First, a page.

On June 3, 1965, a Titan II rocket launched this spacecraft, Gemini IV, carrying astronauts James McDivitt and Edward White into orbit. The flight lasted four days and included a historic space walk by White, the first by an American, early in the mission. Ten weeks earlier, Soviet cosmonaut Alexei Leonov had become the first human to "walk in space." NASA broadcast the audio from White's 22-minute "extra-vehicular activity" (EVA) live; he enormously enjoyed the experience.
The flight plan also included a rendezvous with the discarded second stage of the Titan II rocket. It was aborted, however, after pilot Jim McDivitt experienced unexpected difficulties reaching the booster because he had not been properly trained in rendezvous techniques. Other experiments during this flight included Earth photography, space radiation measurements, and medical effects of prolonged weightlessness. In 1967 NASA transferred the spacecraft to the Smithsonian.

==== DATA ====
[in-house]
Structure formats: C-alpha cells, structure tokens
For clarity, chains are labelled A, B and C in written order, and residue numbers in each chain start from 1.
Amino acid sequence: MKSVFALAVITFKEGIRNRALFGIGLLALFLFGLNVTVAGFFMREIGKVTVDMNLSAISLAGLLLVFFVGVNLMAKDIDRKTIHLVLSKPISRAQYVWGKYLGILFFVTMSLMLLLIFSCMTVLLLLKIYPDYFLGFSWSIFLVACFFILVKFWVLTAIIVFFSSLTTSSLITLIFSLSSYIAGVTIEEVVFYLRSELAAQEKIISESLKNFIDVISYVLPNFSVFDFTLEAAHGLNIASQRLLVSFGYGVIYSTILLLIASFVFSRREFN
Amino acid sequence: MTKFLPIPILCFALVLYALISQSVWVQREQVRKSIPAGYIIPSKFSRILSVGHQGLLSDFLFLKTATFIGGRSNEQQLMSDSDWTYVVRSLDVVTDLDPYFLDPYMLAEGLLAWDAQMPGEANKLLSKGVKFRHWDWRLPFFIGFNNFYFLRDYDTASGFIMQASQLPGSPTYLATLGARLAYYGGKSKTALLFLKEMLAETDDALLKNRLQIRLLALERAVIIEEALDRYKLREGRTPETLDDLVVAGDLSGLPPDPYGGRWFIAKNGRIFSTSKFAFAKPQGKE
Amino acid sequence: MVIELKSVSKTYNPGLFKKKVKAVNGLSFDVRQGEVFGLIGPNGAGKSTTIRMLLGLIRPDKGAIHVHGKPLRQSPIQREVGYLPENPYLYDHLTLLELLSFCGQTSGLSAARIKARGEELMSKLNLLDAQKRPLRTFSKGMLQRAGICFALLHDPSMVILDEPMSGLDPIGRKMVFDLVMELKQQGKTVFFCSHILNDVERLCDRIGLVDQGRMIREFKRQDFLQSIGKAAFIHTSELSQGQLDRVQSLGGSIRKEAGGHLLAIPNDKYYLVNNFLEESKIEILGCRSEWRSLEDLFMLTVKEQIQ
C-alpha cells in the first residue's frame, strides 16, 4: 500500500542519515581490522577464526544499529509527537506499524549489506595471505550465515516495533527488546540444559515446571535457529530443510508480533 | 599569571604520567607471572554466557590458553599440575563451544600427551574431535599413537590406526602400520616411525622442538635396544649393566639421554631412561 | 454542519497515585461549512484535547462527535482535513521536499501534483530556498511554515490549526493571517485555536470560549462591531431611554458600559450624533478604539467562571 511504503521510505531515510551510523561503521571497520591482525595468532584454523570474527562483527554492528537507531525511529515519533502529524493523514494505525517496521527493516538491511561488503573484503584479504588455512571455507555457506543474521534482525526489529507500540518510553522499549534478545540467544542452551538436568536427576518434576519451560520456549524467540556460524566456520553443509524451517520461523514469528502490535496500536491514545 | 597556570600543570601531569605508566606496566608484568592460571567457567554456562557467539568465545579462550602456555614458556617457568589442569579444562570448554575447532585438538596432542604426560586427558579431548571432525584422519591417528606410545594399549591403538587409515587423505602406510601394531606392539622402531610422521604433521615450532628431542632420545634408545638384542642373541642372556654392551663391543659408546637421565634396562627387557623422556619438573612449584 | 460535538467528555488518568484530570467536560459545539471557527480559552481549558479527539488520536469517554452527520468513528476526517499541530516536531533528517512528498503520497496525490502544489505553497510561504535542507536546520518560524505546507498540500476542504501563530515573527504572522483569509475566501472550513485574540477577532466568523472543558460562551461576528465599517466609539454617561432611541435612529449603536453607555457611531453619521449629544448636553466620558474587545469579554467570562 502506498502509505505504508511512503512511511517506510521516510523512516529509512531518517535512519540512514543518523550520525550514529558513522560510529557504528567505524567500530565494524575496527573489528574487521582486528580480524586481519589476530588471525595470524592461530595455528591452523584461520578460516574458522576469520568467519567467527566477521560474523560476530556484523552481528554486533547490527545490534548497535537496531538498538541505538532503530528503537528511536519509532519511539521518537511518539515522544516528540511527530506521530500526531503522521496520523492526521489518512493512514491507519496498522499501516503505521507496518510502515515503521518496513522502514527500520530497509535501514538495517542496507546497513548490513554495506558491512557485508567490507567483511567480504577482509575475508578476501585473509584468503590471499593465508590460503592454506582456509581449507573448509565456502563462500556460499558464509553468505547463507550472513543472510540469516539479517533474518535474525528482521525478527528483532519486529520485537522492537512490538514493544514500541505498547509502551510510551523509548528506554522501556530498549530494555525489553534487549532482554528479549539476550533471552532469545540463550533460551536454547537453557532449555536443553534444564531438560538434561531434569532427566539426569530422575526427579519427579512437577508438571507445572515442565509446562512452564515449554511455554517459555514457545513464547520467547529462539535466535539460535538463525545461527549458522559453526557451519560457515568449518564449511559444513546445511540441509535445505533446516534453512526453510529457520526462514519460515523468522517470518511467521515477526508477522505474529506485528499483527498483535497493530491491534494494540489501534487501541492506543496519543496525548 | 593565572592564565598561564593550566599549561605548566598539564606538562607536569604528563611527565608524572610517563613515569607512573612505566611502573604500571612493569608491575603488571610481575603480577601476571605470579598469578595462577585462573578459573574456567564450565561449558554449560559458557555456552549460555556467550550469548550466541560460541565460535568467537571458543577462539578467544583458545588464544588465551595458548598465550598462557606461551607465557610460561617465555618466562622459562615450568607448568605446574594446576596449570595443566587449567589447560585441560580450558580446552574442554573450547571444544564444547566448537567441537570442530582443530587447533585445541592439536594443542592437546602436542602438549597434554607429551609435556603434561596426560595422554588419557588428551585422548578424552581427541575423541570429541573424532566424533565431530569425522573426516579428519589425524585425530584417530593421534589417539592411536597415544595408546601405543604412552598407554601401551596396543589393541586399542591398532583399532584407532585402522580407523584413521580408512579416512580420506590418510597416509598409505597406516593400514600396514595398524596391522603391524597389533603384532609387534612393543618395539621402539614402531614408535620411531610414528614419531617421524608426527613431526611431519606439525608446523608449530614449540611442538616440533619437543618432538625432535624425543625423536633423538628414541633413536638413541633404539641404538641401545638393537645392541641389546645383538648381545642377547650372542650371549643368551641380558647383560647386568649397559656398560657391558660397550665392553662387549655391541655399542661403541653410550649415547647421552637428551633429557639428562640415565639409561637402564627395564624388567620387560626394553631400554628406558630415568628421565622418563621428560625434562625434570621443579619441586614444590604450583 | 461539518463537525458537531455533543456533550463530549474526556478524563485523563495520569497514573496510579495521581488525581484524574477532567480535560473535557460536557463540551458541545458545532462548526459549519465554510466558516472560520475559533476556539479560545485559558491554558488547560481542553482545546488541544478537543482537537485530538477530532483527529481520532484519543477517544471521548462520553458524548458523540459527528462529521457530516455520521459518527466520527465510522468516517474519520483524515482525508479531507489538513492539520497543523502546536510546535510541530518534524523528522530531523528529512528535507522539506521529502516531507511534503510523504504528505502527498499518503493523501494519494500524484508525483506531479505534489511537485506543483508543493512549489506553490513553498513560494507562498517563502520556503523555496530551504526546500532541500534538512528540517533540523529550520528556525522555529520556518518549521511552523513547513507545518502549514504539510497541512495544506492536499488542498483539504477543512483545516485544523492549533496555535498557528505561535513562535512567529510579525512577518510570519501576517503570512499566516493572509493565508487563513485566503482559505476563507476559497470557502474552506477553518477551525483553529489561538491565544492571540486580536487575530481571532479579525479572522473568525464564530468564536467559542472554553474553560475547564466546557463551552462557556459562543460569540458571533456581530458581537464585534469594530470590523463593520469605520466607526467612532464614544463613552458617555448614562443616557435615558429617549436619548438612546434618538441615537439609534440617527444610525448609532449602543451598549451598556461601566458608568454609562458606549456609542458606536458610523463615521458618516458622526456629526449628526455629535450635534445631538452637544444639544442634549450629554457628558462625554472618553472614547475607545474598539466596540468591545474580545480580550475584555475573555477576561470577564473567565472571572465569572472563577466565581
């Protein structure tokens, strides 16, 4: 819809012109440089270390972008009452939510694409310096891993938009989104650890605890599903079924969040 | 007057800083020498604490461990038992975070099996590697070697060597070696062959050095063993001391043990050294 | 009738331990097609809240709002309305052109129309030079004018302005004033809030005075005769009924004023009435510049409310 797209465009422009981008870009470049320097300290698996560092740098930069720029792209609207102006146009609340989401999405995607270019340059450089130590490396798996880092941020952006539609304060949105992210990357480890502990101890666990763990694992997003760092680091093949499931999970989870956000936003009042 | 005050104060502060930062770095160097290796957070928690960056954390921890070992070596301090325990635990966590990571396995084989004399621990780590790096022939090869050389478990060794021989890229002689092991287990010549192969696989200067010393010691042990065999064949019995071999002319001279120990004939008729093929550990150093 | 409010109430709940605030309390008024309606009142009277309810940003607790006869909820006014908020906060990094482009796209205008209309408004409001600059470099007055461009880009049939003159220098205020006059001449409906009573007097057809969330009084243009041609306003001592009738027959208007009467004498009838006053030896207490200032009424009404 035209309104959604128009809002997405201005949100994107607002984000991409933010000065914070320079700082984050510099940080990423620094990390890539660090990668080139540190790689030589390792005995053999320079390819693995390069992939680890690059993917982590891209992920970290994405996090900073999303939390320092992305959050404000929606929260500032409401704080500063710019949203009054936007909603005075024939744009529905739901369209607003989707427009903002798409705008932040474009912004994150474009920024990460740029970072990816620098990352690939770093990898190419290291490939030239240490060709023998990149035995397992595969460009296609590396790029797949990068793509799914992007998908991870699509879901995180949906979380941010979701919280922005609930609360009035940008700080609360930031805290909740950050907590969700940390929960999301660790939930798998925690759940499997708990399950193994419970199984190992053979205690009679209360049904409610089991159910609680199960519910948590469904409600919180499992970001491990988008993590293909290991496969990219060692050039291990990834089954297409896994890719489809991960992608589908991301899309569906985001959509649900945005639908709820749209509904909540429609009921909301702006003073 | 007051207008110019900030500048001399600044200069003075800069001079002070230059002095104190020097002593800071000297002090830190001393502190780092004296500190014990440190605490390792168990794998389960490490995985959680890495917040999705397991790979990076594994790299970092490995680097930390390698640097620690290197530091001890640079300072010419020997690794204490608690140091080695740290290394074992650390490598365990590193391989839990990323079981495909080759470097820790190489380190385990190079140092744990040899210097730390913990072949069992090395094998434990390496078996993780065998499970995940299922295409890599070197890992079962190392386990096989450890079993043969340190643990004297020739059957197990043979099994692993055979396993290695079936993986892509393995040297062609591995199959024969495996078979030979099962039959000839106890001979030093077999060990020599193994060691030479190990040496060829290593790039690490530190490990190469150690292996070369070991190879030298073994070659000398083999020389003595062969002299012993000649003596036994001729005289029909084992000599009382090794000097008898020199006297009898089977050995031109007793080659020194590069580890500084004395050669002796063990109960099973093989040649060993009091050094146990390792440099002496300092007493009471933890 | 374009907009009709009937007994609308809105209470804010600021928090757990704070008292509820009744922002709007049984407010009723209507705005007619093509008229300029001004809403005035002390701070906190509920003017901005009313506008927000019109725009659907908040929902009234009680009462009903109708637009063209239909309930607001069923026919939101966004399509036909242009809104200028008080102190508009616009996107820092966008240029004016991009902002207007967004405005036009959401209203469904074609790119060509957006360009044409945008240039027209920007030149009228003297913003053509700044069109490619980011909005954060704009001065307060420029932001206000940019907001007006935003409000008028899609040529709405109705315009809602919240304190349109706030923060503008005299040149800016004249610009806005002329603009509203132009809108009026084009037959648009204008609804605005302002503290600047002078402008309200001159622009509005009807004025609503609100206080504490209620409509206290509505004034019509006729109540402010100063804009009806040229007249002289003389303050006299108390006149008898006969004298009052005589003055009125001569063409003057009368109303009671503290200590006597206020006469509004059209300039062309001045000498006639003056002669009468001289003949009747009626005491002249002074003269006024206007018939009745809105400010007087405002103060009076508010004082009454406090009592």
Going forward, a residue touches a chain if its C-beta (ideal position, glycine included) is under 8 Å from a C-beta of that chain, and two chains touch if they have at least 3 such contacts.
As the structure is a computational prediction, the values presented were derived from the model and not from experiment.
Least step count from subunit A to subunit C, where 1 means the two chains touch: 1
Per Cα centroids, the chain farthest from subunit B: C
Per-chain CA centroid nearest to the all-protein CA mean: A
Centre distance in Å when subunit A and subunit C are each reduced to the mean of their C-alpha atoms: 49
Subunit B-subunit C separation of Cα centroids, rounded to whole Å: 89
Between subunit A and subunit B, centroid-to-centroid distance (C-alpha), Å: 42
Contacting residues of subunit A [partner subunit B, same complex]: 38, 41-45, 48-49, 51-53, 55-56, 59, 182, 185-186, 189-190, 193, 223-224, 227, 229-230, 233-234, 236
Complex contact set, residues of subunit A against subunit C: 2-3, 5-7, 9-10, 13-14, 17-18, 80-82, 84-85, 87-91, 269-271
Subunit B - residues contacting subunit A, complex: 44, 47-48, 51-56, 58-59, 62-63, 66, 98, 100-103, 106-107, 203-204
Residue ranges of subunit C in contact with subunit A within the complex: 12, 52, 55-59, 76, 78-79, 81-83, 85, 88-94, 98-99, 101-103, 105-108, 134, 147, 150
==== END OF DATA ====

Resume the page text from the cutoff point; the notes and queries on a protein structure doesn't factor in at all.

First American Spacewalk
Impact or Innovation:
Gemini IV achieved the first American spacewalk, a major step toward living and working in space.
The Gemini program provided a critical bridge between the one-person Mercury program and the sophisticated Apollo missions to the Moon. During the Gemini IV mission, astronaut Ed White ventured out of this spacecraft to complete America's first "space walk."
Transferred from the National Aeronautics and Space Administration
Restrictions & Rights:
Do not reproduce without permission from the Smithsonian Institution, National Air and Space Museum